• Anabolic steroids and androgens, which are prescribed by doctors for certain conditions or are sometimes used illegally by athletes to build muscle and enhance performance.
  • AIDS medications. Gynecomastia can develop in men who are HIV-positive and receiving a treatment regimen called highly active antiretroviral therapy. Efavirenz (Sustiva) is more commonly associated with gynecomastia than are other HIV medications.
  • Anti-anxiety medications, such as diazepam (Valium).
  • Tricyclic antidepressants.
  • Antibiotics.
  • Ulcer medications, such as the over-the-counter drug cimetidine (Tagamet HB).
  • Cancer treatment.
  • Heart medications, such as digoxin (Lanoxin) and calcium channel blockers.
  • Stomach-emptying medications, such as metoclopramide (Reglan).

Street drugs and alcohol

Substances that can cause gynecomastia include:

  • Alcohol
  • Amphetamines, used to treat attention-deficit/hyperactivity disorder
  • Marijuana
  • Heroin
  • Methadone (Methadose, Dolophine)

Health conditions

Several health conditions can cause gynecomastia by affecting the normal balance of hormones. These include:

  • Hypogonadism. Conditions that interfere with normal testosterone production, such as Klinefelter syndrome or pituitary insufficiency, can be associated with gynecomastia.
  • Aging. Hormone changes that occur with normal aging can cause gynecomastia, especially in men who are overweight.
  • Tumors. Some tumors, such as those involving the testes, adrenal glands or pituitary gland, can produce hormones that alter the male-female hormone balance.
  • Hyperthyroidism. In this condition, the thyroid gland produces too much of the hormone thyroxine.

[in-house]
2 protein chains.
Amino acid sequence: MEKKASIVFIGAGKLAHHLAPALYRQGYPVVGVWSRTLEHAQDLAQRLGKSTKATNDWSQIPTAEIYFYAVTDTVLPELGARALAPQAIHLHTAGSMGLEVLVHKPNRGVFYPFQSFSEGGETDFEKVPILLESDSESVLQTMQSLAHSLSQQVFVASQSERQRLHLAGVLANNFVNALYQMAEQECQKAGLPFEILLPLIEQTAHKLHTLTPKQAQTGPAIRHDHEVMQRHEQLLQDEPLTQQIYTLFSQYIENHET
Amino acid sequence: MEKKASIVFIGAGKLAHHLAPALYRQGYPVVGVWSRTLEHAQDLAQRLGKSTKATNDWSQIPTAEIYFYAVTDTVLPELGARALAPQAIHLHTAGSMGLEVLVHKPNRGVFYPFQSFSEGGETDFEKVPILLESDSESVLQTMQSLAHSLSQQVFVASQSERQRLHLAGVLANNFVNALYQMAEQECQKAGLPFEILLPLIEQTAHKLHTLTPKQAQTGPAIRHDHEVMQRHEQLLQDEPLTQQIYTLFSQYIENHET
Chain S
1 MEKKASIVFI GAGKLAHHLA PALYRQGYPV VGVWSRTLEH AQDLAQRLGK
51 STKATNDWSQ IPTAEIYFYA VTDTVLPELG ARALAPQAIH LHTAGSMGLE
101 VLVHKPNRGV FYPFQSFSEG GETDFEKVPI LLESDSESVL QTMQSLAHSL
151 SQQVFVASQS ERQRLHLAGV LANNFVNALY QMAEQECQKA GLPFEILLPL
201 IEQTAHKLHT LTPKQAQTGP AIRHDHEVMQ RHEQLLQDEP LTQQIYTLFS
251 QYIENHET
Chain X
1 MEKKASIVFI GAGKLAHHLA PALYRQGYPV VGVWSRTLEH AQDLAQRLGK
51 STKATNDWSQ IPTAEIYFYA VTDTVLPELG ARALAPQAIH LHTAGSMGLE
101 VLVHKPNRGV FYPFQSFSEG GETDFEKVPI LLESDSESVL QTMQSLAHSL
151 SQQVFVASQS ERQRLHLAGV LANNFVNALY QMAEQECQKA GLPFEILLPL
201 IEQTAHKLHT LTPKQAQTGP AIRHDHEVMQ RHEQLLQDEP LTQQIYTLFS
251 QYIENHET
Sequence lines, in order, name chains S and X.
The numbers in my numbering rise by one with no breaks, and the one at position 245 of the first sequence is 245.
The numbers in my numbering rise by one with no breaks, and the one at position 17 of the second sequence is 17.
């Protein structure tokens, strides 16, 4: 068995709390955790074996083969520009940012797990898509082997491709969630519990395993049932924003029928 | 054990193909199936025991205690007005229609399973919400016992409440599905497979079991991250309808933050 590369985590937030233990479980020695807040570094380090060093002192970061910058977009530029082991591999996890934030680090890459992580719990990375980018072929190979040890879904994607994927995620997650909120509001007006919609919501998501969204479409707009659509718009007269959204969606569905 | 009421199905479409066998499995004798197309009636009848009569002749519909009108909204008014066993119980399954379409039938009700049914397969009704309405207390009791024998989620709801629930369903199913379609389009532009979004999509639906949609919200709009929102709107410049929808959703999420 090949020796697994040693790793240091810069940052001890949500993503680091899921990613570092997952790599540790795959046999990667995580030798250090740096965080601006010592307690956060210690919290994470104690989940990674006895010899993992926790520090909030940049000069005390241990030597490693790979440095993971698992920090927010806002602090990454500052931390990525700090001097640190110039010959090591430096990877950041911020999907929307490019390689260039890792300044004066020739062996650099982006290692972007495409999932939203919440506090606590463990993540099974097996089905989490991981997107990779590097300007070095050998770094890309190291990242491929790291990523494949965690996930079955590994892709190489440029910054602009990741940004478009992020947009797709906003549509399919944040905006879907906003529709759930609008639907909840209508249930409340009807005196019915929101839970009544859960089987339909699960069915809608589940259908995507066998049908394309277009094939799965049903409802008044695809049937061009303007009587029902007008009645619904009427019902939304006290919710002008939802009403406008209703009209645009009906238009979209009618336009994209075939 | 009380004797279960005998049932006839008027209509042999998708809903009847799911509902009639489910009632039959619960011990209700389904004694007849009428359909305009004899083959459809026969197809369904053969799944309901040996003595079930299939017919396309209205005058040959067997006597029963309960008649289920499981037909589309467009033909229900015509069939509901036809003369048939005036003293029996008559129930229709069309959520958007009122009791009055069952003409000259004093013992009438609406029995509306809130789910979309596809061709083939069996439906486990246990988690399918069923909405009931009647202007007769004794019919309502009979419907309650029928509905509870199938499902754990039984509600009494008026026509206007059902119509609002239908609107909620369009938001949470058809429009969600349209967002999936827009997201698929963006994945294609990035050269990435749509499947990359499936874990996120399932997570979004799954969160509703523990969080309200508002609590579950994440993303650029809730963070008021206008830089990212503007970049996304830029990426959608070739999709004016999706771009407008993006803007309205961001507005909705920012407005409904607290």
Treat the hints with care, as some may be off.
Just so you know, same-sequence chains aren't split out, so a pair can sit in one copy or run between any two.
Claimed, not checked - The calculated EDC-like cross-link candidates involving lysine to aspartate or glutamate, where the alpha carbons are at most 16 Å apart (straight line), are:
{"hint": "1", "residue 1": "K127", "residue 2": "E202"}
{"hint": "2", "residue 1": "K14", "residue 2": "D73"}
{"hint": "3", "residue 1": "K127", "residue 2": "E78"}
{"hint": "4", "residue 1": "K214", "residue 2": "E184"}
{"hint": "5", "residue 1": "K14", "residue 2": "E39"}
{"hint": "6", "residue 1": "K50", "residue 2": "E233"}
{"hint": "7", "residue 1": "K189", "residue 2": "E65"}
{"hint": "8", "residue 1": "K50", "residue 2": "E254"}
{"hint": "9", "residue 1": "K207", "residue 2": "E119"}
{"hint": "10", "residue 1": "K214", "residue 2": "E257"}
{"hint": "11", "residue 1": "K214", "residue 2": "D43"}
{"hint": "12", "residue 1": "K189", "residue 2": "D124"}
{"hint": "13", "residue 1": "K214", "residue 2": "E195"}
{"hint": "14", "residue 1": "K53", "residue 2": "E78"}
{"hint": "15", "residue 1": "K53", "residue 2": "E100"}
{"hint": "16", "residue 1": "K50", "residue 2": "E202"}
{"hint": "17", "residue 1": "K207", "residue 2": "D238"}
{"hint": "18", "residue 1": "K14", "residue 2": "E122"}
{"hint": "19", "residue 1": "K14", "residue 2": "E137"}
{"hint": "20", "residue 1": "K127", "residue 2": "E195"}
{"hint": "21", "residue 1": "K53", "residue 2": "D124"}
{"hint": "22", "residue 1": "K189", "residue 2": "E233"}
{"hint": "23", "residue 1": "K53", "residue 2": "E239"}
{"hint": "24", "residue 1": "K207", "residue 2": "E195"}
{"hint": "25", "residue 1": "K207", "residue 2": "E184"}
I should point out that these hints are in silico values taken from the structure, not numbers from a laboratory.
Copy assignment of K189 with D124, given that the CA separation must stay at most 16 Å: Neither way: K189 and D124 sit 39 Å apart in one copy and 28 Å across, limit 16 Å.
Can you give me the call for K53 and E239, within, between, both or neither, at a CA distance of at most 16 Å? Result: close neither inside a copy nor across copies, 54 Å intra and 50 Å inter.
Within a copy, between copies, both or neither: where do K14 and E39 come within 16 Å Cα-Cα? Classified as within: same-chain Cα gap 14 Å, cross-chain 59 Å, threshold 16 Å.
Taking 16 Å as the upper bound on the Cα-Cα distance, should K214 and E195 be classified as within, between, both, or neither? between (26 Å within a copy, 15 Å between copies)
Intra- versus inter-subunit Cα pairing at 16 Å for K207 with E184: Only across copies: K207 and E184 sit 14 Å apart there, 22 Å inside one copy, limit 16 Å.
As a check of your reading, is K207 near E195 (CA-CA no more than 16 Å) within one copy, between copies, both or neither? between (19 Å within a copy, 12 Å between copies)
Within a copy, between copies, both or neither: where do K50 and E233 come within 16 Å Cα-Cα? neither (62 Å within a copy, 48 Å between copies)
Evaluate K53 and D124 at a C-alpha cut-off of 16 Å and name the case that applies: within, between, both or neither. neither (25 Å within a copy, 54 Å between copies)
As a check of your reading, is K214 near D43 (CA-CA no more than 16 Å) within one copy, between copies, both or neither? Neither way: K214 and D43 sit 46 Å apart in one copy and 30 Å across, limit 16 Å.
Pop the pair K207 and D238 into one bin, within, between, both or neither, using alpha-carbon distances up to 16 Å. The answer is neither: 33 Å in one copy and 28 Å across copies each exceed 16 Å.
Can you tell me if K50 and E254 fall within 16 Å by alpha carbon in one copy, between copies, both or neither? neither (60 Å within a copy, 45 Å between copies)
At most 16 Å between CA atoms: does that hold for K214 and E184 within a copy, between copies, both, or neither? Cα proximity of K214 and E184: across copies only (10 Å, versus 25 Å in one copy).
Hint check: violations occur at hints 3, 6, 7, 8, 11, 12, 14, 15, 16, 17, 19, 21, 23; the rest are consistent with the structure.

• Kidney failure. About half the people being treated with dialysis experience gynecomastia due to hormonal changes.
  • Liver failure and cirrhosis. Changes in hormone levels related to liver problems and cirrhosis medications are associated with gynecomastia.
  • Malnutrition and starvation. When your body is deprived of adequate nutrition, testosterone levels drop while estrogen levels remain the same, causing a hormonal imbalance. Gynecomastia can also happen when normal nutrition resumes.

Herbal products

Plant oils, such as tea tree or lavender, used in shampoos, soaps or lotions have been associated with gynecomastia. This is probably due to their weak estrogenic activity.

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Gynecomastia diagnosis

The definition of gynecomastia is the presence of breast tissue greater than 0.5 cm in diameter in a male. As previously discussed, gynecomastia is the presence of true breast (glandular) tissue, generally located around the nipple. Fat deposition is not considered true gynecomastia.

In most cases, gynecomastia can be diagnosed by a physical examination. A careful medical history is also important, including medication and drug use. If there is a suspicion of cancer, a mammogram may be ordered by a health care practitioner. Further tests may be recommended to help establish the cause of gynecomastia in certain cases. These can include blood tests to examine liver, kidney, and thyroid function. Measurement of hormone levels in the bloodstream may also be recommended in some cases.

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Gynecomastia treatment

Mild cases of gynecomastia in adolescence may be treated with advice on lifestyle habits such as proper diet and exercise with reassurance. In more severe cases, medical treatment may be tried including surgical intervention.

  • Medication

Medical treatment of gynecomastia is most effective when done within the first two years after the start of male breast enlargement. Selective estrogen receptor modulators (SERMs) such as tamoxifen, raloxifene, and clomifene may be beneficial in the treatment of gynecomastia but are not approved by the Food and Drug Administration for use in gynecomastia. Clomifene seems to be less effective than tamoxifen or raloxifene. Tamoxifen may be used for painful gynecomastia in adults. Aromatase inhibitors (AIs) such as anastrozole have been used off-label for cases of gynecomastia occurring during puberty but are less effective than SERMs.